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Message no. 1
From: York.GA@******.ca (York.GA@******.ca)
Subject: FW: [OT] He's baaaack! And this time with one for the martial ar
Date: Thu, 10 Oct 2002 09:06:19 -0400
-----Original Message-----
From: York MCpl G@***** I&M@********
Sent: Thursday, 10, October, 2002 09:02 AM
To: shadowrn@*****
Subject: RE: [OT] He's baaaack! And this time with one for the martial
ar ts gurus amongst us...

>From: Rand Ratinac
> Do you know how many martial arts there are? And
>how many variants of each style?
There appear to be thousands of different styles out there, many are
variants of other styles. My experience covers Tai Kickboxing, Tae Kwon Do,
Shotokan Karate, Wu Shu Kung Fu and Aikido. Karate and Tae Kwon Do I found
very similar. They teach all the basic kicks and punches each with an
emphasis on one or the other. They are good styles if you are strong and
powerful. Weaker opponents in these styles require more skill to be
effective against opponents who are bigger and tougher. Tai Kickboxing is a
style not suited for the meek at heart. It teaches you to generate more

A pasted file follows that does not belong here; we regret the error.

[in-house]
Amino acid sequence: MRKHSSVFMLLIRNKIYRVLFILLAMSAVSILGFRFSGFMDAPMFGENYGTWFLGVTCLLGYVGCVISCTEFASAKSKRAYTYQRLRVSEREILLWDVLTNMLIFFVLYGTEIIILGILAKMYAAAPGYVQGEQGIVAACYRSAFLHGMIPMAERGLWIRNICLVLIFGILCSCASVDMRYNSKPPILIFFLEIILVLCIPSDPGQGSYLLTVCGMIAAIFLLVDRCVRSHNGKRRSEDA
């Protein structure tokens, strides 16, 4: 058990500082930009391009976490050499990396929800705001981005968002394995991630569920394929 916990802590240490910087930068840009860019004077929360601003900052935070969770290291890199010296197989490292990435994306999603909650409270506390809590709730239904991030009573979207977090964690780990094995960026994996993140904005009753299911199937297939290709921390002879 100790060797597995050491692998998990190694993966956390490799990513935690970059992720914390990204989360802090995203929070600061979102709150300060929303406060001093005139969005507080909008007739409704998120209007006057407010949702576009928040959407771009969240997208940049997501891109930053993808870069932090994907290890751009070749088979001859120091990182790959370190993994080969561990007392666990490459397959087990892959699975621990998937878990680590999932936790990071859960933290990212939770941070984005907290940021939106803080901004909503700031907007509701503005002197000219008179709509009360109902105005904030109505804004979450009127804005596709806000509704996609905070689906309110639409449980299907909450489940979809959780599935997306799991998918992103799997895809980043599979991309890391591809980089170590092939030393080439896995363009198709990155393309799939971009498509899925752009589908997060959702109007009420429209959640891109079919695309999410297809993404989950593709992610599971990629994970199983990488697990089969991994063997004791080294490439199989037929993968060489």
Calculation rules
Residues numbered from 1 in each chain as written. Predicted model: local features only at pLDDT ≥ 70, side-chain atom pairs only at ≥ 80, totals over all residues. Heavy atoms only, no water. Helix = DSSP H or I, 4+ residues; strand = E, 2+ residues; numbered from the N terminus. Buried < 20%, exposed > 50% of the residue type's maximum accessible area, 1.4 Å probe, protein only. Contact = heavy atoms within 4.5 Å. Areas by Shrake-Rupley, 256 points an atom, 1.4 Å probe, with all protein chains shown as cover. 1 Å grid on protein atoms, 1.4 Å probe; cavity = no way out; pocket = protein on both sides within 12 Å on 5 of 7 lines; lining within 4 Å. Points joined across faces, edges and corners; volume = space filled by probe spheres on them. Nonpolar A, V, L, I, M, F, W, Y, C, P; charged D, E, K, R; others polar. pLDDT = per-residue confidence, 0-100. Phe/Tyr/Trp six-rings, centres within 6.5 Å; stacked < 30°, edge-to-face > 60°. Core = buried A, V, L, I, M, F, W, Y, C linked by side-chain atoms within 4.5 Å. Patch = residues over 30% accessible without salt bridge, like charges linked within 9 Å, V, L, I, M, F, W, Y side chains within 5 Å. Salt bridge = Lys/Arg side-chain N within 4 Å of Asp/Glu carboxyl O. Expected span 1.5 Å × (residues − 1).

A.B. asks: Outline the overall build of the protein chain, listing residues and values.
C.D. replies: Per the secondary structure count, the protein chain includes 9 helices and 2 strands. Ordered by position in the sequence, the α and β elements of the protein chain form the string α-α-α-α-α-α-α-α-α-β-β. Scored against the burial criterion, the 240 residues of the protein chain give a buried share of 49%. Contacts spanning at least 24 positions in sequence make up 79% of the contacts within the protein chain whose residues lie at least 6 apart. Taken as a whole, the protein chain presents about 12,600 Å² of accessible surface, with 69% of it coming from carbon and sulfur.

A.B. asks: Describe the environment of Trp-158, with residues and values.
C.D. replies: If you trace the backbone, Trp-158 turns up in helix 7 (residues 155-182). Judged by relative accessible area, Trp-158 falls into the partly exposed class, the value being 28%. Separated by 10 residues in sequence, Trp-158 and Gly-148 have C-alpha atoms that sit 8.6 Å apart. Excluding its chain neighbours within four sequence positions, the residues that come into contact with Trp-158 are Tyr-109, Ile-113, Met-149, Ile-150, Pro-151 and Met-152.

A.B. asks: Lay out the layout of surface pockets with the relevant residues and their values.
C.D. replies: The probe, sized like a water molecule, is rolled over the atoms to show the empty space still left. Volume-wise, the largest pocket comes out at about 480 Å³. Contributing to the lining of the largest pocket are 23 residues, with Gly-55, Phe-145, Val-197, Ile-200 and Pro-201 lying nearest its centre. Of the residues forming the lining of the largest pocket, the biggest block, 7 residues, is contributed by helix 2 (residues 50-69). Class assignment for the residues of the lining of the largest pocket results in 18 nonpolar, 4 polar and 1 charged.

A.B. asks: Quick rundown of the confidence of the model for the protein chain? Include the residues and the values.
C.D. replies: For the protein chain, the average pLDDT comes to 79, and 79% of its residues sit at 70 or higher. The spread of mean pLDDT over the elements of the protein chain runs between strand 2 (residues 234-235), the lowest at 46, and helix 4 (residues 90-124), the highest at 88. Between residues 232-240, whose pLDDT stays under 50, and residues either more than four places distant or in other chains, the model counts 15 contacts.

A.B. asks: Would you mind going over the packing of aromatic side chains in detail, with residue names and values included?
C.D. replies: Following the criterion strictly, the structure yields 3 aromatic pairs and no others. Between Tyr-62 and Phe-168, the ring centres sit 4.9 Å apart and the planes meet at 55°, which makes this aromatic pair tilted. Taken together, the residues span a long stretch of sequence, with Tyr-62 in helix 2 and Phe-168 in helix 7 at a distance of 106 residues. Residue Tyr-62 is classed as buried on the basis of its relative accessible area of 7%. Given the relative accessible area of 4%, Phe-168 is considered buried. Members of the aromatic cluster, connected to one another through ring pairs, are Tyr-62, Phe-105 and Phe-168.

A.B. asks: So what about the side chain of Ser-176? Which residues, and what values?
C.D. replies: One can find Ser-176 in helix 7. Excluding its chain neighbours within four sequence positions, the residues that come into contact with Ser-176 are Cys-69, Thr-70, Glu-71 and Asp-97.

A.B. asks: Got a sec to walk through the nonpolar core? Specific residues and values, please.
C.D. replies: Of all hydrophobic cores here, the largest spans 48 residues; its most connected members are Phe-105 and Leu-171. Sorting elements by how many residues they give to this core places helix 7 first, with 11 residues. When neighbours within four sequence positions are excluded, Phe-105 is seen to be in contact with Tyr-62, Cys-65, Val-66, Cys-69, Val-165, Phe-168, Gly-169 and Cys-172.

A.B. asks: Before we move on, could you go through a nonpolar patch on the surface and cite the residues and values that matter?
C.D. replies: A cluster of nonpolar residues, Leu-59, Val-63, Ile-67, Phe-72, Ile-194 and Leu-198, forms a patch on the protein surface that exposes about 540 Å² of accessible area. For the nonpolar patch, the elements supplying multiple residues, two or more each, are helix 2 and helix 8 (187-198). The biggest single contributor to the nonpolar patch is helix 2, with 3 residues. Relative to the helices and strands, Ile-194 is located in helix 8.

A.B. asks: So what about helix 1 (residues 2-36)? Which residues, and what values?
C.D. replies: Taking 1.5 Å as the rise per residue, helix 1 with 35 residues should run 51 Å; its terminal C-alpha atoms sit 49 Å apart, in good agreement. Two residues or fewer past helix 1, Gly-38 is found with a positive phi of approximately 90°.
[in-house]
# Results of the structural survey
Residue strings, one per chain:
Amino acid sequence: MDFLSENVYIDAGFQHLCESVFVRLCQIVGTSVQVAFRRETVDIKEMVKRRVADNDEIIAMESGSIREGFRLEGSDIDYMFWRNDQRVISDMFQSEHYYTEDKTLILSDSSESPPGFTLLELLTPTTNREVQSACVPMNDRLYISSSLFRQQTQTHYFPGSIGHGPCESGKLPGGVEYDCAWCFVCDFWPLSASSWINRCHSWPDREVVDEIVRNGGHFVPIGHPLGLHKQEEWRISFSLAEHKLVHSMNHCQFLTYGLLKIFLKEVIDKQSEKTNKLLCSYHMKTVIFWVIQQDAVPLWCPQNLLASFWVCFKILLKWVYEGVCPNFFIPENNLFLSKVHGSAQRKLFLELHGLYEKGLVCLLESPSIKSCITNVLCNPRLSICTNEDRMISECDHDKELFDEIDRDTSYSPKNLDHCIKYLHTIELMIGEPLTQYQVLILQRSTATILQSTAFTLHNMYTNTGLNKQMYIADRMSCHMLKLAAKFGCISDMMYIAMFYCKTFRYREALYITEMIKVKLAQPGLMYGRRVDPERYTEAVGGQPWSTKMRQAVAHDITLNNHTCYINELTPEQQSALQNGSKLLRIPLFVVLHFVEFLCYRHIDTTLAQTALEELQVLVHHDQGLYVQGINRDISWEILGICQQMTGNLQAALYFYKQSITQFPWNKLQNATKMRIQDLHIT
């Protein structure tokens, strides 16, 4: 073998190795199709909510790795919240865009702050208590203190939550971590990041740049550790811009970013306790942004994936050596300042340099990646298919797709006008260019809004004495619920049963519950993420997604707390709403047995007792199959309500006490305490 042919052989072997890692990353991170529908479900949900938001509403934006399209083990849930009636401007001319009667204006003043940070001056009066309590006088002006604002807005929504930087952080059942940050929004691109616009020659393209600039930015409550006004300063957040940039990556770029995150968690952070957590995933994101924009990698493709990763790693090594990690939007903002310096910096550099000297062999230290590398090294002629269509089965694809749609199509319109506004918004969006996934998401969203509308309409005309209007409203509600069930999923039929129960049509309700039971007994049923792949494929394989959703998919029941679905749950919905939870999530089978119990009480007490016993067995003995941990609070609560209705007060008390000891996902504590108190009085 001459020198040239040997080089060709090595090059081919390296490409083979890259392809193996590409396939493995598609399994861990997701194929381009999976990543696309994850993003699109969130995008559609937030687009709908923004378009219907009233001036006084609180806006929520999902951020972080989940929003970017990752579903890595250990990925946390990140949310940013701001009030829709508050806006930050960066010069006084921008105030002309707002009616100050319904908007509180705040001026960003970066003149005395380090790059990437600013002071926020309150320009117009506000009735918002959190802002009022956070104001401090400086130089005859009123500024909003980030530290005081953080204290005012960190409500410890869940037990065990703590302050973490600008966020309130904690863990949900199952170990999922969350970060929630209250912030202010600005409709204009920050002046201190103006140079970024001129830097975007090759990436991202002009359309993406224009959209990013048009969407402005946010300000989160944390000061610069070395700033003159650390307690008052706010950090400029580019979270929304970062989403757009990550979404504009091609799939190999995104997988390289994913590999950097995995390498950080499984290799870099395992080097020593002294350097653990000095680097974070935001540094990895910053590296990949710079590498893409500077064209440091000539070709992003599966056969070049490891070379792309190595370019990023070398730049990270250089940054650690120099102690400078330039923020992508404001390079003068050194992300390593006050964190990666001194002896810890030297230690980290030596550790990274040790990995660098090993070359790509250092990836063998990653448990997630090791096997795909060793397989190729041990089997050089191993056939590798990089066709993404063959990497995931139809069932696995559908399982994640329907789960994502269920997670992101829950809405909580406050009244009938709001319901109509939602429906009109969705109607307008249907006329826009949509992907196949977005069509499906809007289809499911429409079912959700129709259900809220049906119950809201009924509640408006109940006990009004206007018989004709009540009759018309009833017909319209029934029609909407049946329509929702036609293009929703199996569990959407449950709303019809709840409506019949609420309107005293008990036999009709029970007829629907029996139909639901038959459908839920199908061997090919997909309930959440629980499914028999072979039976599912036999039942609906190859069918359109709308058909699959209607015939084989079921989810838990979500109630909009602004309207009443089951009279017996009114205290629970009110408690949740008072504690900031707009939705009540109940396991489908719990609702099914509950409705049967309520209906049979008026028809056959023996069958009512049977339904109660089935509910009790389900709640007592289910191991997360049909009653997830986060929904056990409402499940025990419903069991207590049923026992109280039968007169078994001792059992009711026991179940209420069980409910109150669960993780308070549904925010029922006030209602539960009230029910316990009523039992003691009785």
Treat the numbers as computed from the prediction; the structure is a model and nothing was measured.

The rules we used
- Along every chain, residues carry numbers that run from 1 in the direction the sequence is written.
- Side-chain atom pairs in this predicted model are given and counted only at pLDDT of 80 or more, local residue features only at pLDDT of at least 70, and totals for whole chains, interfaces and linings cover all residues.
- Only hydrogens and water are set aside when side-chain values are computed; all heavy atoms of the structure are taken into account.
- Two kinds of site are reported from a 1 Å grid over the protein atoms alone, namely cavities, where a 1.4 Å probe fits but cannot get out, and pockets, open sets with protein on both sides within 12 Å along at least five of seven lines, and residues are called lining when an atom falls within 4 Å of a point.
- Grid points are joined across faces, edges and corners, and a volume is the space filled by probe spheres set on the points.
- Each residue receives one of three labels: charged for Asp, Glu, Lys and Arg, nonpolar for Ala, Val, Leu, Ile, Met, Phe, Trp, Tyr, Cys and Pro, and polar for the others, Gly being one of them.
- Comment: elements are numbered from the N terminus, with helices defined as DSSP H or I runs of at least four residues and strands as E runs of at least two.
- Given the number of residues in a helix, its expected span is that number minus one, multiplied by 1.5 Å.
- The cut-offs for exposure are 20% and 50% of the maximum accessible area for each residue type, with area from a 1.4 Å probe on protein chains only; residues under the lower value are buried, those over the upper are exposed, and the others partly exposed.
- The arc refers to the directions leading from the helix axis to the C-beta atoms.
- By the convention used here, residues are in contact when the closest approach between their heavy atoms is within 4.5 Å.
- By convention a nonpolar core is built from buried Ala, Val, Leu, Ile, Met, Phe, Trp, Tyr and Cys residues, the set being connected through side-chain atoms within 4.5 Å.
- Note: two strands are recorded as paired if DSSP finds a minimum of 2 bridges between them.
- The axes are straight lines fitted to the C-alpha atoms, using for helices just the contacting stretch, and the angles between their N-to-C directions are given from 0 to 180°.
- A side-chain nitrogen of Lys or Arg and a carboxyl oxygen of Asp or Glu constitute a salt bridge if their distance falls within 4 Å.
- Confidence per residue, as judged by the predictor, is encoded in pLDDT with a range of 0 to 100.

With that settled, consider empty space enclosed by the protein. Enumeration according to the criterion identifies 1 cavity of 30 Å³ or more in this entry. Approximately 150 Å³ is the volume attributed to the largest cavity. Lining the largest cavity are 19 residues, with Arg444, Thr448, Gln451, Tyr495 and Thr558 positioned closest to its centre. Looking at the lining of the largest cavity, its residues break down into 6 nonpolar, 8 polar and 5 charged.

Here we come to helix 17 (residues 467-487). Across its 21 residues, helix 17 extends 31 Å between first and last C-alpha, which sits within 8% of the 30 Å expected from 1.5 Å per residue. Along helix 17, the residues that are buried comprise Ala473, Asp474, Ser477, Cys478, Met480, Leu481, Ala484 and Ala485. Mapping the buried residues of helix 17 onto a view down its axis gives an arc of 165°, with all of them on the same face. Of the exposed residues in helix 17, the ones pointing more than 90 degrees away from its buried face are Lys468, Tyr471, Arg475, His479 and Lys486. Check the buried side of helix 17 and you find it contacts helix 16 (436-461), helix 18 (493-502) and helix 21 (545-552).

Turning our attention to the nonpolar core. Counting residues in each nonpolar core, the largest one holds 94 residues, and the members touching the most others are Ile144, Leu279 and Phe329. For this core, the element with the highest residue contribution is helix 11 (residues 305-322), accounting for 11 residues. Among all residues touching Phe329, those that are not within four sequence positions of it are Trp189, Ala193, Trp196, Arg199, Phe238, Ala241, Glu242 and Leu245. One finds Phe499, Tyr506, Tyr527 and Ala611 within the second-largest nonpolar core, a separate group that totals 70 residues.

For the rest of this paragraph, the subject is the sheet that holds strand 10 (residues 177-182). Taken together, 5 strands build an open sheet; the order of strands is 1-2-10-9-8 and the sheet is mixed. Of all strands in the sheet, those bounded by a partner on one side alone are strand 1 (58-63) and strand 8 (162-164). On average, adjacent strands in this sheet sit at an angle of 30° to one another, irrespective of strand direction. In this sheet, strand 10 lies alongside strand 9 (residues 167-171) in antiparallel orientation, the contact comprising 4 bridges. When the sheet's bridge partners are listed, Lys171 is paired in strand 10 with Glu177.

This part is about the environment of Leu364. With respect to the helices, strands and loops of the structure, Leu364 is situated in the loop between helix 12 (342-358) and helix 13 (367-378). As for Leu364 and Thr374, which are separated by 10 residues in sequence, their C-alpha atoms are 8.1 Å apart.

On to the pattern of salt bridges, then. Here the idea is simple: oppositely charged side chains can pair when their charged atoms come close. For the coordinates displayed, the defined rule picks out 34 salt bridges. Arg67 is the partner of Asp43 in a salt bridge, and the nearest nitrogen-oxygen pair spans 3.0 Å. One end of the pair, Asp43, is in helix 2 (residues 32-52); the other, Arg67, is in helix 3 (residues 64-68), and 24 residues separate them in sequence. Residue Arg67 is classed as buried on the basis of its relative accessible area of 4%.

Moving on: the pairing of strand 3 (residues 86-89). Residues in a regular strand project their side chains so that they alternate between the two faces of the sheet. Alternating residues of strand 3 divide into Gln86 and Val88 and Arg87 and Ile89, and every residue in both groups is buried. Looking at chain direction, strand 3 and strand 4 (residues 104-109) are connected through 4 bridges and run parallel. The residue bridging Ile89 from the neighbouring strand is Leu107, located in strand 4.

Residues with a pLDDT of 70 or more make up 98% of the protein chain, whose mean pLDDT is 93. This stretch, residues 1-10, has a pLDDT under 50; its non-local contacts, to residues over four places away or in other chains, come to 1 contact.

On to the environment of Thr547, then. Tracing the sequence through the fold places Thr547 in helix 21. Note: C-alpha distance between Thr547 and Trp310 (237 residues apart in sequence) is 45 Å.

power in your kicks and punches and how to take the punishment that is
dished out. With the knee and elbow strikes it also teaches good close in
work. It would be ideally suited to a character that was strong but not
fast although they don't teach any multiple opponent stuff like karate and
tae kwon do.
>Locks aren't such a good
>thing, because I'm thinking of a situation where you'd
>be fighting multiple opponents (not necessarily all at
>once, but close enough together that you couldn't
>really afford to devote a lot of time to locking one
>opponent's fingers/wrist/arm etc.).
>Okay, these two are useful. A kick to the knee is
>fairly easy to figure out. The wrist lock on the other
>hand...know of any books that show this lock? And what
>three places can you break the arm in (and what would
>you have to do to break it)?

Aikido is ideally suited for the light fast fighter. It teaches locks and
throws and redirections both in single combat and multiple opponents. As
Steven Segal has shown in several movies, lock can be effective in multi
combats. When combined with redirections, you can use one opponent against
another. Any Aikido book or Jujitsu or judo book will show you how to apply
an arm lock. To break the arm from these locks you just have to follow
through on the pressure. Normally in Aikido you are taught to apply
pressure until it causes pain and submission. Causing permanent damage is
not usually the goal but can easily be achieved by going a step further.


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